# Homework Help: Stuck on damped pendulum question

1. Jan 30, 2008

### jlew

[SOLVED] Stuck on damped pendulum question...

1. The problem statement, all variables and given/known data

A pendulum of length 1.00m is released at an angle of 15.0 degrees. After 1000 seconds, it's amplitude is decreased to 5.50 degrees due to friction. What is the value of $$b/2m$$?

2. Relevant equations

w = $$\sqrt{w_{0}^{2} - (b/2m)^{2}}$$

x(t) = Asin(wt)

$$w_{0} = \sqrt{g/L}$$

3. The attempt at a solution

I have attempted this problem from a few angles, but I don't think I'm on the right track. I am assuming that I must treat the pendulum as a simple harmonic oscillator, making the original amplitude $$\Pi$$
/12, and the amplitude after 1000s $$\Pi$$/32.2. I am just not sure what to do next.

Any help is appreciated, I have a feeling I might be making this a little harder than it has to be, the answer is 1.00 * 10^-3 s^-1

EDIT

I am starting to think I can just get away with using the equation x = Ae$$^-(b/2m)t$$, but it still seems like I do not have enough information to answer this problem yet....

Thanks

Last edited: Jan 30, 2008
2. Jan 31, 2008

### Shooting Star

You are right. You need the ratio of the values of this quantity at two different times, which you do have. The A is a const.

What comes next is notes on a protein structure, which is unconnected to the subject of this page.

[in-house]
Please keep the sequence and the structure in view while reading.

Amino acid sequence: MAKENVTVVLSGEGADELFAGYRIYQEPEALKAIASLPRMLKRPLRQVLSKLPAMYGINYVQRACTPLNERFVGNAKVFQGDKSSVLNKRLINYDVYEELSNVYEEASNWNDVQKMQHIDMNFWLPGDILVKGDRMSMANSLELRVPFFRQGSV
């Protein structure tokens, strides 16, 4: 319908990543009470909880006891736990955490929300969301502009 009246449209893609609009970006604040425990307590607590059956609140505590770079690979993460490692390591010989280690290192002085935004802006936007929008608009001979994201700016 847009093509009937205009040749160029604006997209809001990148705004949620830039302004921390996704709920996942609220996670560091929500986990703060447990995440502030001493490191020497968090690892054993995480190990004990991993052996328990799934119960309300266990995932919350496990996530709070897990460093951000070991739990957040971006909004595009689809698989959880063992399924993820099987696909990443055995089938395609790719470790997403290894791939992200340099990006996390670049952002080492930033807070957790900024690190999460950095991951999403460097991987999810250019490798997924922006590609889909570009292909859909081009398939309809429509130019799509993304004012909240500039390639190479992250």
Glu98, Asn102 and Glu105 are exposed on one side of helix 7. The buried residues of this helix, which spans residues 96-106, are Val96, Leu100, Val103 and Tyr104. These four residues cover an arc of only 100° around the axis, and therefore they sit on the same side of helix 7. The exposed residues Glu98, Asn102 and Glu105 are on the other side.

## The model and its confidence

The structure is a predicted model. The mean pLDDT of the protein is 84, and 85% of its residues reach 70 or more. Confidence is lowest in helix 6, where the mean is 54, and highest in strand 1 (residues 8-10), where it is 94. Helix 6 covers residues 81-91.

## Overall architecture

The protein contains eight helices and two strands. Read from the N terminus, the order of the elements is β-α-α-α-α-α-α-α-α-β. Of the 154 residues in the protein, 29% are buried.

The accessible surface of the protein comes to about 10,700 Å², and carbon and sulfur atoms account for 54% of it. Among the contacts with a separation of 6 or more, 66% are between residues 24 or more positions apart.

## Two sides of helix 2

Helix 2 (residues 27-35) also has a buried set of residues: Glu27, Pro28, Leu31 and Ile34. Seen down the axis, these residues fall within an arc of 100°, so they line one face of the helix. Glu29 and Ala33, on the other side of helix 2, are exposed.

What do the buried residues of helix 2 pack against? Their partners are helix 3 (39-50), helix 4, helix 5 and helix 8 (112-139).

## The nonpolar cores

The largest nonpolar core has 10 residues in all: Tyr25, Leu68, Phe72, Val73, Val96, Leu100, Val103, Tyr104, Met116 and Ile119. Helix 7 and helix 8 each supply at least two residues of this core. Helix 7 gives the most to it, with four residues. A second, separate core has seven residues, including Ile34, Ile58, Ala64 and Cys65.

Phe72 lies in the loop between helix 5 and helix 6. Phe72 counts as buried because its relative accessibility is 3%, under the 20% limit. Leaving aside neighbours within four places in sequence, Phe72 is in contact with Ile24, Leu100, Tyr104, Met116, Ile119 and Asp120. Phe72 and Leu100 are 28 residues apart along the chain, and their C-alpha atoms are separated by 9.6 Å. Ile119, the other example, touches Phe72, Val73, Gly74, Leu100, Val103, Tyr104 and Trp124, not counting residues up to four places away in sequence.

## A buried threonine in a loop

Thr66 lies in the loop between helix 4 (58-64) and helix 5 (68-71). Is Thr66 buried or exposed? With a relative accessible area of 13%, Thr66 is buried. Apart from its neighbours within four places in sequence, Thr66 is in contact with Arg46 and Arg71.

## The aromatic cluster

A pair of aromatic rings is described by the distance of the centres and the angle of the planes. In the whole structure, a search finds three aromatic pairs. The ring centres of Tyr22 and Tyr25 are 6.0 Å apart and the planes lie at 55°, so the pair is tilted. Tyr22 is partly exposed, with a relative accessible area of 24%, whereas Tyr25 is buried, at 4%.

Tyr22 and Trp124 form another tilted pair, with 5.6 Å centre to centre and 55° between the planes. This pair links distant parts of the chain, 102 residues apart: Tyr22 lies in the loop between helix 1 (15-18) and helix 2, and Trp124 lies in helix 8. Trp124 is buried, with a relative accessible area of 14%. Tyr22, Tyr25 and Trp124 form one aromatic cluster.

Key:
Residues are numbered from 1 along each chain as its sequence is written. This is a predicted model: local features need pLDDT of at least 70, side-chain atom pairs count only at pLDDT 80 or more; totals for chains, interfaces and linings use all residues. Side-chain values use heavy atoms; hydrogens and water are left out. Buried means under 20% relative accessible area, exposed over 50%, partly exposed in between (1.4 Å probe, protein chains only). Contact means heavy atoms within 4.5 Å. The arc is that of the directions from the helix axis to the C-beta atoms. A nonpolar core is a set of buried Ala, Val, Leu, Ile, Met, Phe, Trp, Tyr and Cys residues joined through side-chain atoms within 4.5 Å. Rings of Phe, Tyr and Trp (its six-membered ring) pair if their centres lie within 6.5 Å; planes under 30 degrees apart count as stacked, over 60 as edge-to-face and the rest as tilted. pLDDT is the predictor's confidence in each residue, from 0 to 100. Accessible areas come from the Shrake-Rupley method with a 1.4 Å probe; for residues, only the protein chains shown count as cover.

3. Jan 31, 2008

### Gear300

I'm pretty sure you have the right amount of information, although I might be wrong.
A is a constant (your starting amplitude in radians).
The amplitude = 5.50 degrees (convert to radians) at t = 1000 seconds, and so you'd plug into the equation and solve for the ratio.

Last edited: Feb 1, 2008
4. Feb 1, 2008

### Shooting Star

There's no need to to converts to radians, as its the ratio that counts.

5. Feb 1, 2008

### jlew

Thanks for the replies, I was able to solve this question by taking the ratio of x = Ae^-(b/bm)t. I was making this problem ALOT harder than it actually was, mostly because I didn't really understand what the previous formula was solving for. I was originally trying to treat pendulum like a simple harmonic oscillating block, and solving for its natural frequency and angular frequency due to the damping, which is why I was stuck.

Cheers!

Last edited: Feb 1, 2008
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